The Department of Energy anticipates its first hybrid-electric research vessel.
The new R/V Resilience, a hybrid-electric research vessel, is expected to join the Pacific Northwest National Laboratory-Sequim (PNNL) fleet in April 2023. The vessel is being built by Seattle-based contractor Snow & Company, and Incat Crowther, located in Sydney, Australia, with offices in New Orleans, is a design partner.
The PNNL is a U.S. Department of Energy (DOE) national laboratory managed by the department’s Office of Science. The laboratory is home to several scientific user facilities and research facilities.
The R/V Resilience was created because the PNNL currently has a fleet of two boats and wanted to expand by adding a larger vessel with more capabilities.
The hybrid-electric propulsion system, a major R/V Resilience design feature, is being provided by Pacific Power Group from Kent, Washington. According to the DOE, the new plug-in hybrid research vessel will be the first of its kind in the agency’s fleet.
Federal officials said in a statement that the R/V Resilience represents “the next generation of blue economy technology and will enable future research and testing to support renewable power from the ocean. As a hybrid vessel, the investment will advance long-term opportunities for energy innovation and decarbonization of marine transportation.”
Multi-hull and multi-purpose
A unique structural feature of the Resilience is the all-aluminum construction catamaran hull. In addition to possible efficiency improvements, the multi-hull layout provides a bigger beam that translates to a science-accommodating working deck complete with a knuckle crane on an A-frame.
“A catamaran is efficient because the hulls have less wetted surface area for a given displacement, in addition to the benefit of two slender hulls having a superior length-to-beam ratio than a single, wider hull,” said Stewart Marler, marketing manager for Incat Crowther. “There’s an additional functional benefit for working platforms in that a greater beam can be achieved in a smaller vessel, creating more work space without the cost and weight of a larger vessel.”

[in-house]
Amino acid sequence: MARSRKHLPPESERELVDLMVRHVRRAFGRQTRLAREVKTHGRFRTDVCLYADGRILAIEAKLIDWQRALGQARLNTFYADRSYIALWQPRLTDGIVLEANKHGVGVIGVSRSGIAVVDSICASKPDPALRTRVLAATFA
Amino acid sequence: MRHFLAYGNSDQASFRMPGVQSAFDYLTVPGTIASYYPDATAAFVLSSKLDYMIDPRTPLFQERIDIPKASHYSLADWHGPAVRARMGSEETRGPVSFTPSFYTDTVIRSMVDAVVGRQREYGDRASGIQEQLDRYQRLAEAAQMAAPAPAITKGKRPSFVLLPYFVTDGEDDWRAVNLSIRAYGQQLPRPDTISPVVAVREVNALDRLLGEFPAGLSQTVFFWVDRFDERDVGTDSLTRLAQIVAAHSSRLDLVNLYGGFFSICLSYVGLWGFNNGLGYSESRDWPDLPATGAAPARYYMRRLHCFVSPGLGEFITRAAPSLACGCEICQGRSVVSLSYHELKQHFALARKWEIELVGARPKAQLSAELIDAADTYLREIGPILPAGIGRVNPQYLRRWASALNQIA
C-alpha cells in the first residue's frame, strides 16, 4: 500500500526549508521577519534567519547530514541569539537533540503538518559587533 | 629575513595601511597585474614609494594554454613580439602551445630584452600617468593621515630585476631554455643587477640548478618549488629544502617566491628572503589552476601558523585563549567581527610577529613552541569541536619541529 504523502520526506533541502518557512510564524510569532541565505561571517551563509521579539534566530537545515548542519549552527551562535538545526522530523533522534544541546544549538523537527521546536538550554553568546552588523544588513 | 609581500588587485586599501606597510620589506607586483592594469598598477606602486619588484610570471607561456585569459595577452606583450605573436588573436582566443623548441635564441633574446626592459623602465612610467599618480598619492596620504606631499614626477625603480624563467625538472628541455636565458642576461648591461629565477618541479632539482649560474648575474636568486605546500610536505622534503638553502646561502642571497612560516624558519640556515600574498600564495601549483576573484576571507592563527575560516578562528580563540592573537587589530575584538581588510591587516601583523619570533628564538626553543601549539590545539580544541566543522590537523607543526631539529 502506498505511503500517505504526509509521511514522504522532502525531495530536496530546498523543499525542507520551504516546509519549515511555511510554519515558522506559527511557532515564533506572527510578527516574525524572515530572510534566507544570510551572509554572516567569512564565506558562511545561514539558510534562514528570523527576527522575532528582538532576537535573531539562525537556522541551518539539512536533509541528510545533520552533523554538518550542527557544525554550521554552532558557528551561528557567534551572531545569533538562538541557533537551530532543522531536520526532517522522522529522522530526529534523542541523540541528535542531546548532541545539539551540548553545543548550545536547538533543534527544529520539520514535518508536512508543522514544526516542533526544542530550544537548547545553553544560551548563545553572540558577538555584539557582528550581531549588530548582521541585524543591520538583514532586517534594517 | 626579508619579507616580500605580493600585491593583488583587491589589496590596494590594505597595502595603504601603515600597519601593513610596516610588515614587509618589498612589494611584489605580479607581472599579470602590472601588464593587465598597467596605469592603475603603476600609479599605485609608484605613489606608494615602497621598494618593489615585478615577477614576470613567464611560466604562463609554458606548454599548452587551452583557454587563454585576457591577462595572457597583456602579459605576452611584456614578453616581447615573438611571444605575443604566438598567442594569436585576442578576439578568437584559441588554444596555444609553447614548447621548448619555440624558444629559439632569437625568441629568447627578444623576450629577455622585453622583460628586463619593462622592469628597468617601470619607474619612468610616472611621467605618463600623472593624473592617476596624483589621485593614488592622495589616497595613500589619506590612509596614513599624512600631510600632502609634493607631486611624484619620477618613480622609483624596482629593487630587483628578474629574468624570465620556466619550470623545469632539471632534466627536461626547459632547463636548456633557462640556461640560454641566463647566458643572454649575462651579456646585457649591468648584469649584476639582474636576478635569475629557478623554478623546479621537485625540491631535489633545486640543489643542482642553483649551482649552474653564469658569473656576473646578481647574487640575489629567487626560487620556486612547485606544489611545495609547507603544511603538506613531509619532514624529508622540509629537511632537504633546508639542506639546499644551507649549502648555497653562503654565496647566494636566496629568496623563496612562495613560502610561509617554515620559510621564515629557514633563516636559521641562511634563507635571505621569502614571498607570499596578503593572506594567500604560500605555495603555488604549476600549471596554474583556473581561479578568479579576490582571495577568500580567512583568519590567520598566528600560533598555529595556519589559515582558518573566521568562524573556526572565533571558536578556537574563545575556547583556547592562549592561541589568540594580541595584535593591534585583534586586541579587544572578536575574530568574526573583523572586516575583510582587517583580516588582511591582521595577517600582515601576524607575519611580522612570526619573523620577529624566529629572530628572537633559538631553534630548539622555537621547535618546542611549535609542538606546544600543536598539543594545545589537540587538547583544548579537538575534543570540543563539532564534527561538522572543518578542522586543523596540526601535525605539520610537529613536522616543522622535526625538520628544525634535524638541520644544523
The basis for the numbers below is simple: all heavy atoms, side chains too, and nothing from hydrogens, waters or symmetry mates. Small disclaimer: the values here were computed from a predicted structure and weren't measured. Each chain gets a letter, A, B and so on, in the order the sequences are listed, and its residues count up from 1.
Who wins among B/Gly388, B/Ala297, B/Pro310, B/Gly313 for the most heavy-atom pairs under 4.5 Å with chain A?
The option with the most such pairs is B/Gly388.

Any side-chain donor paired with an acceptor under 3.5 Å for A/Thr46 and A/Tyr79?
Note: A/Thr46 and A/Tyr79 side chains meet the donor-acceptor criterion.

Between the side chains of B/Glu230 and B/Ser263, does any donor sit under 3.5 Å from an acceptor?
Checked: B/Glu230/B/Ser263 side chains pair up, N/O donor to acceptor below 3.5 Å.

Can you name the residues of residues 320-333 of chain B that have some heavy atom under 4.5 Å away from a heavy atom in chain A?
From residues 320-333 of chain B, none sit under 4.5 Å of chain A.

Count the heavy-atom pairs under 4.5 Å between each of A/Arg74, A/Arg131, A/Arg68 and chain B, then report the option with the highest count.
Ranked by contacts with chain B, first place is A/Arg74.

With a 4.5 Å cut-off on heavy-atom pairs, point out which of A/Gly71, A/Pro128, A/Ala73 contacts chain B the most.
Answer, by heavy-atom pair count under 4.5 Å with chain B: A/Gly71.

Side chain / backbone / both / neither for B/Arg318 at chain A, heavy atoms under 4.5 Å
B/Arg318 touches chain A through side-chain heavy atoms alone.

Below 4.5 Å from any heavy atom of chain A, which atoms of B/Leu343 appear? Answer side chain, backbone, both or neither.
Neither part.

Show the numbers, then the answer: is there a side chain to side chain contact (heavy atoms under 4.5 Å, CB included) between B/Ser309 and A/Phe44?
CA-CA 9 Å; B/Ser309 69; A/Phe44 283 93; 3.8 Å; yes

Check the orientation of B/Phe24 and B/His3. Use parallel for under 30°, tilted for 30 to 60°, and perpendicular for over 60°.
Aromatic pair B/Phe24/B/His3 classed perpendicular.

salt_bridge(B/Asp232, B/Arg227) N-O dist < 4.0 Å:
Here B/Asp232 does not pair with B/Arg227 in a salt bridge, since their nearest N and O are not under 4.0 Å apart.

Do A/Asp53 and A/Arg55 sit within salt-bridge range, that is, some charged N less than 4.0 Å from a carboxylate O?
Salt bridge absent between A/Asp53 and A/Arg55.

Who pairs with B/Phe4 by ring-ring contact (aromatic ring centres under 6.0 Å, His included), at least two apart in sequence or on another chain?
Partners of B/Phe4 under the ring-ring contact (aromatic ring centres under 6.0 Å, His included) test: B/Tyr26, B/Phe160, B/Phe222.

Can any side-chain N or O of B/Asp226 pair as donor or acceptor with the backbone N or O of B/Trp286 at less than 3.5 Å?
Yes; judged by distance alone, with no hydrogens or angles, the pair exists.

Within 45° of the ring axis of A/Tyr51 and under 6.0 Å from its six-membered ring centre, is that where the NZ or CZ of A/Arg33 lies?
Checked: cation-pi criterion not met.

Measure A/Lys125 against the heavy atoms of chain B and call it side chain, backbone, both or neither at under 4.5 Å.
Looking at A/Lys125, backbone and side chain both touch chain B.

The two hulls are also anticipated to have increased stability versus a mono-hull which is vital for an array of scientific processes like acoustic surveys.
In an interview with Pacific Maritime, Snow & Company Project Manager and Estimator Chris Watson said, “They are doing some energy stuff, wave power generation research. They also do marine environmental surveys, fisheries, etc. This thing is multi-capable for them. It is a pickup truck. They can load whatever they want to and back in this thing.”
In addition, according to Snow & Company Vice President of Business Development Tim Kolb, when bidding for the project, the multi-hull design was part of the request from the DOE. Additionally, Kolb said that a catamaran has the proper hull for this type of research boat.
Onboard design features include:
- A dive operations platform.
- Onboard Scuba Bottle air compressor.
- A Garmin electronics suite.
- FLIR camera system.
- A set of stairs will lead from the work deck to the upper deck, and a flybridge with 360-degree visibility.
The excitement of hybrid
“They [Pacific Power Group] are what we would call the propulsion integrator,” said Kolb to Fishermen’s News. “They are the ones integrating all the electronic propulsion. The electric motors, the batteries, their diesel engines. They are providing all that to us.”
The R/V Resilience’s parallel hybrid-electric propulsion system design includes two main Volvo Penta D8-510 diesel engines, each capable of producing 374 kW of energy, supplemented by twin Danfoss Editron (an electronic manufacturer from Finland) 20kW EM-PMI375-T200-2600 electric motor generators.
According to the national laboratory, the onboard Spear Trident 113 kWh battery bank can be charged by its engines or shore power.
The R/V Resilience is designed to be able to cruise at 20 knots using diesel power while also being able to operate in an all-electric mode at sub-six-knot speeds. The goal for the lab is while working in a battery-electric mode, the vessel would be almost silent and emissions-free. In addition, the R/V Resilience should be less invasive when studying fish and other wildlife while also reducing pollution.
According to Watson, when there is acoustical work, they are not putting sound in the water, affecting whatever instrumentation they are trailing behind. So as a result, the vessel will be completely silent.
Vibration caused by running engines can also upset sensitive scientific equipment. So, when departing from the dock, the crew will most likely be powering up with the vessel’s diesel engines. Once they arrive at their work site, they will work on electric power.